From Wikipedia, the free encyclopedia
Jump to: navigation, search
Evan Nelson Blass
Evan Blass
Born Evan Nelson Blass
1978 (age 39–40)
Occupation Blogger, Editor, Phone leaker
Known for @evleaks

Evan Nelson Blass, once known solely by his pen name @evleaks, is an American blogger, editor, and phone leaker. He gained international notoriety for a series of numerous smartphone and tablet leaks on Twitter, spanning the period July 2012 through August 2014, that made him a trusted source for many technology journalists.[1] Blass announced his retirement from leaking devices in a tweet on August 3, 2014,[2] although he soon returned to leaking under his pen name.


From 2005-2008, Blass held several positions at AOL-owned technology site Engadget, including senior editor,[3] before departing to write briefly for the now defunct technology publication Obsessable.[4] From 2010-2012, Blass was managing editor of mobile technology site Pocketnow.[3]

Blass was diagnosed with multiple sclerosis in 2004, and in November 2013 was the subject of a report on The Verge documenting a controversial Walgreens policy pertaining to the dispensation of narcotic painkillers.[5]

On November 23, 2015, Blass started writing for VentureBeat.


For nearly a year, Blass maintained the @evleaks account anonymously—while some of his colleagues knew of his identity, he purposely kept it hidden from the public at large. In June 2013, Blass fully revealed himself in an interview with Android Police,[6] citing the inevitability of being unmasked as the reason for his decision.

As @evleaks, Blass was responsible for posting images and information pertaining to unannounced smartphones, tablets, accessories,[7] applications,[8] laptops,[9] and a webOS-powered TV,[10] collectively leaked from nearly every mobile device maker and US wireless carrier, often weeks or even months before their launches. He was particularly adept at obtaining information and pictures about Taiwanese manufacturer HTC Corporation and one-time Finnish handset maker Nokia, reporting on numerous devices those two companies planned during his two-year stint of activity.[11] Additionally, he leaked materials about the Moto X (1st generation),[12] Moto E (1st generation),[13] Droid Ultra,[14] Droid Maxx,[15] and Droid Mini[16] from Motorola; the Nexus 4,[17] Nexus 5,[18] G2,[19] and G3[20] from LG; the Xperia Z,[21] Z1S,[22] Z2 tablet,[23] and Z3 from Sony;[24] and the first two Padfones[25][26] and Padfone mini[27] from Asus.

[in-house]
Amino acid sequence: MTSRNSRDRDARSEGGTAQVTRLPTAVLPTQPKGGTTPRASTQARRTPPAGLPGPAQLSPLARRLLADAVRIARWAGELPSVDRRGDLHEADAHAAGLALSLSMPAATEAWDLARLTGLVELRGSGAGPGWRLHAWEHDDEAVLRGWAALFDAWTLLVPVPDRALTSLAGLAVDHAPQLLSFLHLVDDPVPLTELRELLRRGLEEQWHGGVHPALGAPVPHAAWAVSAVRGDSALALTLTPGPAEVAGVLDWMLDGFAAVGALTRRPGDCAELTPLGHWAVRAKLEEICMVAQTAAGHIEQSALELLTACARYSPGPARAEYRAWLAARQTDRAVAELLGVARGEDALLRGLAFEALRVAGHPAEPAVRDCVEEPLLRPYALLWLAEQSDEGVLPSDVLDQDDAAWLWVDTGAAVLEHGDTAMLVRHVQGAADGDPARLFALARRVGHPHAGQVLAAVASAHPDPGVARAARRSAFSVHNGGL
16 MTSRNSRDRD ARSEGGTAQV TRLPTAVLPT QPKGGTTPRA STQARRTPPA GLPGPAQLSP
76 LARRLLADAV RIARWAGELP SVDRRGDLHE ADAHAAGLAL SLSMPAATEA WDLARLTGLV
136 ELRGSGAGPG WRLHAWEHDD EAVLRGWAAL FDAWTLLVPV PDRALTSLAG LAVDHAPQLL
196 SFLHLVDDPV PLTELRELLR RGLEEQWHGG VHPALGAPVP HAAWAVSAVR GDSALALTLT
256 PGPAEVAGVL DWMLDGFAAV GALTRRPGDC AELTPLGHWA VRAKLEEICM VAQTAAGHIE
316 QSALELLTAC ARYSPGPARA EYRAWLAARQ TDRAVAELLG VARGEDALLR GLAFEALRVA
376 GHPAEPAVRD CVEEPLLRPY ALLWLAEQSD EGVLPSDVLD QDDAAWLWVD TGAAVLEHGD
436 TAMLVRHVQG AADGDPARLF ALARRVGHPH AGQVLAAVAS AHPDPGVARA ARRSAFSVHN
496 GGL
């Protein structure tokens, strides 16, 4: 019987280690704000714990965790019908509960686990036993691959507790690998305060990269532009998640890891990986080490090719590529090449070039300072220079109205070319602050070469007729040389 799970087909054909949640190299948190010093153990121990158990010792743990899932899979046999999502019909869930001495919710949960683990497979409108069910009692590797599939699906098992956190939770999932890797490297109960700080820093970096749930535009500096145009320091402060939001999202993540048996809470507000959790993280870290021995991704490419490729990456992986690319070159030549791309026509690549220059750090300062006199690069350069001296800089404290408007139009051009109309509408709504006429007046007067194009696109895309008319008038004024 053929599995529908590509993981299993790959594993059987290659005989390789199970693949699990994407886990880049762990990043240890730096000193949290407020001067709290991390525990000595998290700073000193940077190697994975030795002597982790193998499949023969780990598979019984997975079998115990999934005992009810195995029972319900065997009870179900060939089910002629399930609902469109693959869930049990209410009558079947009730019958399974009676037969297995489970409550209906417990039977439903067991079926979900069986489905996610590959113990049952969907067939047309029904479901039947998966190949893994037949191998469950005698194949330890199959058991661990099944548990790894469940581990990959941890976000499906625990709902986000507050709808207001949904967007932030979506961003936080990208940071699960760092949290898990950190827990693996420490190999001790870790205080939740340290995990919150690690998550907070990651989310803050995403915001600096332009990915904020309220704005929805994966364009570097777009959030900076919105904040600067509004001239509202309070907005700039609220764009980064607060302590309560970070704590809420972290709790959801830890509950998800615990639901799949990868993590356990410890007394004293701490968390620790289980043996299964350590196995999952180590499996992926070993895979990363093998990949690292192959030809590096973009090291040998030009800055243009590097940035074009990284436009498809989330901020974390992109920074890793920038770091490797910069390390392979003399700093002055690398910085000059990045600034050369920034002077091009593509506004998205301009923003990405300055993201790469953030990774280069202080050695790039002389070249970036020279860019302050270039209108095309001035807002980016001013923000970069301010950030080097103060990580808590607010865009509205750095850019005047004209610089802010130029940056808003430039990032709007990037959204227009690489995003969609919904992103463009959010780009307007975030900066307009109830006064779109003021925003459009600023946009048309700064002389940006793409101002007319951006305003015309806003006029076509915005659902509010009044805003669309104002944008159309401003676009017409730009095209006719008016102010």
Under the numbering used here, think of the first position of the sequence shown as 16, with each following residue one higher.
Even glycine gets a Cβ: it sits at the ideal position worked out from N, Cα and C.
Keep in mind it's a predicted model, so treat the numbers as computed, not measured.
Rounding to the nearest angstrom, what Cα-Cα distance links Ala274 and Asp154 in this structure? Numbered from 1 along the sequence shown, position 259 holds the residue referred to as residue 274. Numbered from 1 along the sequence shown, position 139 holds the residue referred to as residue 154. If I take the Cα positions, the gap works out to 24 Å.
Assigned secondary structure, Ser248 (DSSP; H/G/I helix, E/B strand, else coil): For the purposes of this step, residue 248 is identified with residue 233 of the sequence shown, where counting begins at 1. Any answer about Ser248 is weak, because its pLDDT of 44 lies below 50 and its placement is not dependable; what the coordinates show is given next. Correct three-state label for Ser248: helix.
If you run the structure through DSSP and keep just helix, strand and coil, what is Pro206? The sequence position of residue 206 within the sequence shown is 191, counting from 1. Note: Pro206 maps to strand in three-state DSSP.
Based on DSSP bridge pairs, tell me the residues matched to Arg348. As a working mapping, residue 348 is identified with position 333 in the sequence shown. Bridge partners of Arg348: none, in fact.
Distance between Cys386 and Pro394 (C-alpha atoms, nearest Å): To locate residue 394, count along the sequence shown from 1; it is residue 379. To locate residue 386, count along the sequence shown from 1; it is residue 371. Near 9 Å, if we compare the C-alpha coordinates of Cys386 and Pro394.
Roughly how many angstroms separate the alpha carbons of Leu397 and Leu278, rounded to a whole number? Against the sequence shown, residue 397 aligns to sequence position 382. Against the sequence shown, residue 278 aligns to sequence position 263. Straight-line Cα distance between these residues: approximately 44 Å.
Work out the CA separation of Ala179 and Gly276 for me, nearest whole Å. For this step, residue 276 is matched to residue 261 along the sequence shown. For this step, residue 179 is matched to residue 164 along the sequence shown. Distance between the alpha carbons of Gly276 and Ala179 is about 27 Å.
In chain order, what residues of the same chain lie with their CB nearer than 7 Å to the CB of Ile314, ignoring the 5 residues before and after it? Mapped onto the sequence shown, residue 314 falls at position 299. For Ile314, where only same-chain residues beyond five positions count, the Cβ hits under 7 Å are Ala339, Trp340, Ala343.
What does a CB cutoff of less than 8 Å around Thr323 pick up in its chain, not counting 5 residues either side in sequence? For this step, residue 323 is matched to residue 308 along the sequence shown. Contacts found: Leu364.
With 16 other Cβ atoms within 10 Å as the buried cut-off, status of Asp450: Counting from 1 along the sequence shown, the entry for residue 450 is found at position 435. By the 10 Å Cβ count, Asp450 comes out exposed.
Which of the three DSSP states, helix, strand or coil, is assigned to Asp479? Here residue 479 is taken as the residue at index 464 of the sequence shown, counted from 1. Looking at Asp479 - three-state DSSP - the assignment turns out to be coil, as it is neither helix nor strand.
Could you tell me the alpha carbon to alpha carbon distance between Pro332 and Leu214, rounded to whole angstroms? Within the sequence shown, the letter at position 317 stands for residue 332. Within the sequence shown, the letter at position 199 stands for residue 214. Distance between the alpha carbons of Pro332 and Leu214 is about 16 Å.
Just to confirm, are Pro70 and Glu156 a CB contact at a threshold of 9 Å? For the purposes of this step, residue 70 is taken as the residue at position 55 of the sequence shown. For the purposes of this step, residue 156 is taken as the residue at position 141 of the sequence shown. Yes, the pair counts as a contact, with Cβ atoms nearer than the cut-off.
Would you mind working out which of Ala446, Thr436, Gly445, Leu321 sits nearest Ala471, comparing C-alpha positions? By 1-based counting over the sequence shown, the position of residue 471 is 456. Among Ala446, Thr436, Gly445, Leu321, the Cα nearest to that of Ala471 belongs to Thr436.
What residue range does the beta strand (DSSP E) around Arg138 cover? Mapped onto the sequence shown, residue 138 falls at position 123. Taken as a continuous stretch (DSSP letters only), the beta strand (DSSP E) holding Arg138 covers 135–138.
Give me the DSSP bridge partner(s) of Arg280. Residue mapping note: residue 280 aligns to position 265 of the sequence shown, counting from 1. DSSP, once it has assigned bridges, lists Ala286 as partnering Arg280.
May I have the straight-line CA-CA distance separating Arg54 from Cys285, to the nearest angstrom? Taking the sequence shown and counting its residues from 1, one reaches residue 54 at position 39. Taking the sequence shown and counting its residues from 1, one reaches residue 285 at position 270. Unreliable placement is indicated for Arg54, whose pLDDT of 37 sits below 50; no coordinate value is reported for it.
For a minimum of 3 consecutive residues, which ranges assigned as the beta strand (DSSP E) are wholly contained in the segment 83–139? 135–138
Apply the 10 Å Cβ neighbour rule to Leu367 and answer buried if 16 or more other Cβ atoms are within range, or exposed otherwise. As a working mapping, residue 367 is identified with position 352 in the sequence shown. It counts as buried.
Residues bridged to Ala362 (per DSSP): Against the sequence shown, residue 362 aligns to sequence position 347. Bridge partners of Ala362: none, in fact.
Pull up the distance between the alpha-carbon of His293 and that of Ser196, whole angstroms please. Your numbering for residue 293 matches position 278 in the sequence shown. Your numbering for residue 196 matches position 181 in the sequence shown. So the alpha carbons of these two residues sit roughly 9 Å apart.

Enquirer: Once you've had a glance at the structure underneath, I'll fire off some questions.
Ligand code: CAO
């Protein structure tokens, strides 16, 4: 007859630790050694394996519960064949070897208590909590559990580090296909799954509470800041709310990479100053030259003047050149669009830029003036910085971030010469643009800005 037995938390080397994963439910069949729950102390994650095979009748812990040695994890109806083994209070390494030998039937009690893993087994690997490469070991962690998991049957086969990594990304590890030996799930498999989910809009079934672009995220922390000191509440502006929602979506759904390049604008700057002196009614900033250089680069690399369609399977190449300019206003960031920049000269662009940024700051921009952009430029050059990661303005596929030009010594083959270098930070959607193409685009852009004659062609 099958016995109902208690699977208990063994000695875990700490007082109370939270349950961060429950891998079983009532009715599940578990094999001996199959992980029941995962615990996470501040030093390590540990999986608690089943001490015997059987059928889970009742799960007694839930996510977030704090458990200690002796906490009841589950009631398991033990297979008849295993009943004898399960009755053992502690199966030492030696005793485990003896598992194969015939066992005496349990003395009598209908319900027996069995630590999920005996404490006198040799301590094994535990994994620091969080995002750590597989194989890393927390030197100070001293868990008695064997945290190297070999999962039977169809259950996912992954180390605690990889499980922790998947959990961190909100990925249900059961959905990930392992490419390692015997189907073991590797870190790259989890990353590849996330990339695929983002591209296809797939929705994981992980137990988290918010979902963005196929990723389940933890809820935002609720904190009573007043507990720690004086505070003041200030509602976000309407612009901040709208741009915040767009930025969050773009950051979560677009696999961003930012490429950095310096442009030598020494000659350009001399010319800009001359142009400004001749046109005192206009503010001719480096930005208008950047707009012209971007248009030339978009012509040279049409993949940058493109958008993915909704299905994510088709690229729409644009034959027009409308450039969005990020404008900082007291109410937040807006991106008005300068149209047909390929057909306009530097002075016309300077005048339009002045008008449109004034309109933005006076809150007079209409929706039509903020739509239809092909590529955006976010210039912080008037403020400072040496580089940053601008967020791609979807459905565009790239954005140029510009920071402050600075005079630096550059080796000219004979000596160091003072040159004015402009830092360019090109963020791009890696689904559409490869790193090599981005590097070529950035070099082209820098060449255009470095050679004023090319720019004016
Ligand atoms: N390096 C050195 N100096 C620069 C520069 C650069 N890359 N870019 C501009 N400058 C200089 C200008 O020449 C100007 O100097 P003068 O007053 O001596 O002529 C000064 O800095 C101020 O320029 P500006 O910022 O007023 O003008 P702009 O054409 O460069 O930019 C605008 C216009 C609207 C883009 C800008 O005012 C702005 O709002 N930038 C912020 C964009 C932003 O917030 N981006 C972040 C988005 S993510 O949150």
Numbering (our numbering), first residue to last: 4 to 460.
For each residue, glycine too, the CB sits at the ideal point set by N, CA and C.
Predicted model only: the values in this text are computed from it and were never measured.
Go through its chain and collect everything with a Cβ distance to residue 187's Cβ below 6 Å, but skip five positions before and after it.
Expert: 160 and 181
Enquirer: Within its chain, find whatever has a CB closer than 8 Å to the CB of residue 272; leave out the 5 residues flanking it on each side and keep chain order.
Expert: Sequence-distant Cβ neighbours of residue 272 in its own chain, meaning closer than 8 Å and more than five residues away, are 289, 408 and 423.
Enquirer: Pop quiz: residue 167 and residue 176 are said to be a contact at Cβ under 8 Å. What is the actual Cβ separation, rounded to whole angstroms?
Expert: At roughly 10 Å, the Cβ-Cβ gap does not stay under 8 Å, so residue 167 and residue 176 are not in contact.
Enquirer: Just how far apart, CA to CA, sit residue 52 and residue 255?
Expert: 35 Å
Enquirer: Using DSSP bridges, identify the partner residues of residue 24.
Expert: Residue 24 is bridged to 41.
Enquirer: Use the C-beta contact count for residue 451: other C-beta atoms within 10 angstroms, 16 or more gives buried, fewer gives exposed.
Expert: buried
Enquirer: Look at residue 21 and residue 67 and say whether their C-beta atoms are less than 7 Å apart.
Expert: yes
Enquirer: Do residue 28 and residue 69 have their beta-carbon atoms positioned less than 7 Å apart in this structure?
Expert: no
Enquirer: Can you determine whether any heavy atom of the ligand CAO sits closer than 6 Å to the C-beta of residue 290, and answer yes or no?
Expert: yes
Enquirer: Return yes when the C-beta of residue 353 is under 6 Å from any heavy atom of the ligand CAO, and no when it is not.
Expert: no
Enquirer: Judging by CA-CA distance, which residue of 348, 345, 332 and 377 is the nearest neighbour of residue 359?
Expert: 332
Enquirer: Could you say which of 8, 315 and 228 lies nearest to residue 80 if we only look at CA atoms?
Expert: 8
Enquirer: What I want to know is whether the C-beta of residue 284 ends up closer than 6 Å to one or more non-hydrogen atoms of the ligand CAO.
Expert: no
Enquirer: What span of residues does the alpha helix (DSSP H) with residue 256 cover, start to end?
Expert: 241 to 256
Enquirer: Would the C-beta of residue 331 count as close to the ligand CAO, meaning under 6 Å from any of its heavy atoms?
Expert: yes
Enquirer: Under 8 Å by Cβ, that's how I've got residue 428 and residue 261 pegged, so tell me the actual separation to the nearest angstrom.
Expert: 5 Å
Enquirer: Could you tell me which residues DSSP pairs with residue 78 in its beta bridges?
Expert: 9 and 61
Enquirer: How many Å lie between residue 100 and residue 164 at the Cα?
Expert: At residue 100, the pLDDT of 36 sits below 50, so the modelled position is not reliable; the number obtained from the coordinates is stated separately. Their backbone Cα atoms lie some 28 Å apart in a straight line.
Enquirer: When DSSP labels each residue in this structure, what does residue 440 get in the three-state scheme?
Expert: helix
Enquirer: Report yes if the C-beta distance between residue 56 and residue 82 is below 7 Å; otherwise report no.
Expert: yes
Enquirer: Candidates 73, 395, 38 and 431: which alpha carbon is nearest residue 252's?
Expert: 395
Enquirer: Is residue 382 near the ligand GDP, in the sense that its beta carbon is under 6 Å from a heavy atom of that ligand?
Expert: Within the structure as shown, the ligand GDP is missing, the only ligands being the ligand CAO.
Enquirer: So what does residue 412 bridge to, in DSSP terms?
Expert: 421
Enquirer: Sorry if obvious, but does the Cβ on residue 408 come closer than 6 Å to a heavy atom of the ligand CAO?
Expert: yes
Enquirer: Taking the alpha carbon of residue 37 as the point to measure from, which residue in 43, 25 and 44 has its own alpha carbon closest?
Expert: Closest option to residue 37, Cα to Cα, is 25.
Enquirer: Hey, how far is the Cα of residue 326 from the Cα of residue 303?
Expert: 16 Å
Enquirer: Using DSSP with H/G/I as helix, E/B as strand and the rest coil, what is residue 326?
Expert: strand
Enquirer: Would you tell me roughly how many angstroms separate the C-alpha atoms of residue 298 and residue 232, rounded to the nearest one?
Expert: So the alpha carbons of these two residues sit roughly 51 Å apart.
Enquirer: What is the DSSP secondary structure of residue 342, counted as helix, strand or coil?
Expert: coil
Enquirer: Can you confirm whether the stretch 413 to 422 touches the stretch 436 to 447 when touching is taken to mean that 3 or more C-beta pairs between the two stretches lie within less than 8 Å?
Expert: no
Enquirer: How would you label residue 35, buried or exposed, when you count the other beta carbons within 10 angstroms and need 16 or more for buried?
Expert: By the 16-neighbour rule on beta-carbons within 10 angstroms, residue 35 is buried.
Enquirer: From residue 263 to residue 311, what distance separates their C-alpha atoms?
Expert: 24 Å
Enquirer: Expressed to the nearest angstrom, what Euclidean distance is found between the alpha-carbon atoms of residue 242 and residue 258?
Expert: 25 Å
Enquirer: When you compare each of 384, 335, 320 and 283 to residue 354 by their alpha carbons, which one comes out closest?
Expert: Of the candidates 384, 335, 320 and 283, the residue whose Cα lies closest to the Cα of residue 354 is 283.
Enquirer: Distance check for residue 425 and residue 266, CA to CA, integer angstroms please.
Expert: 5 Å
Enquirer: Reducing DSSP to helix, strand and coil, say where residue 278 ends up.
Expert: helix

From May 2014 until his retirement, Blass attempted to monetize his leaks by publishing them on his own website,, deriving revenue through advertising sales.[28][29][30] Immediately following his retirement announcement, however, Blass conducted an interview with The Next Web[31] in which he recounted the problems he faced in trying to monetize a stream of Twitter leaks. Dozens of publications covered Blass's retirement,[32] most notably the weekly BBC technology show Click[1] and an accompanying BBC online feature.[11]

Following his self-professed retirement, Blass has continued to leak phones, including the Moto X (2014)[33] (at the time assumed to be called the "Moto X+1"), Nexus 6,[34] and Droid Turbo,[35] all from Motorola.[36] He later also leaked the LG G Pad X, Microsoft Lumia 735[37] and Samsung Galaxy S6 Active.[38]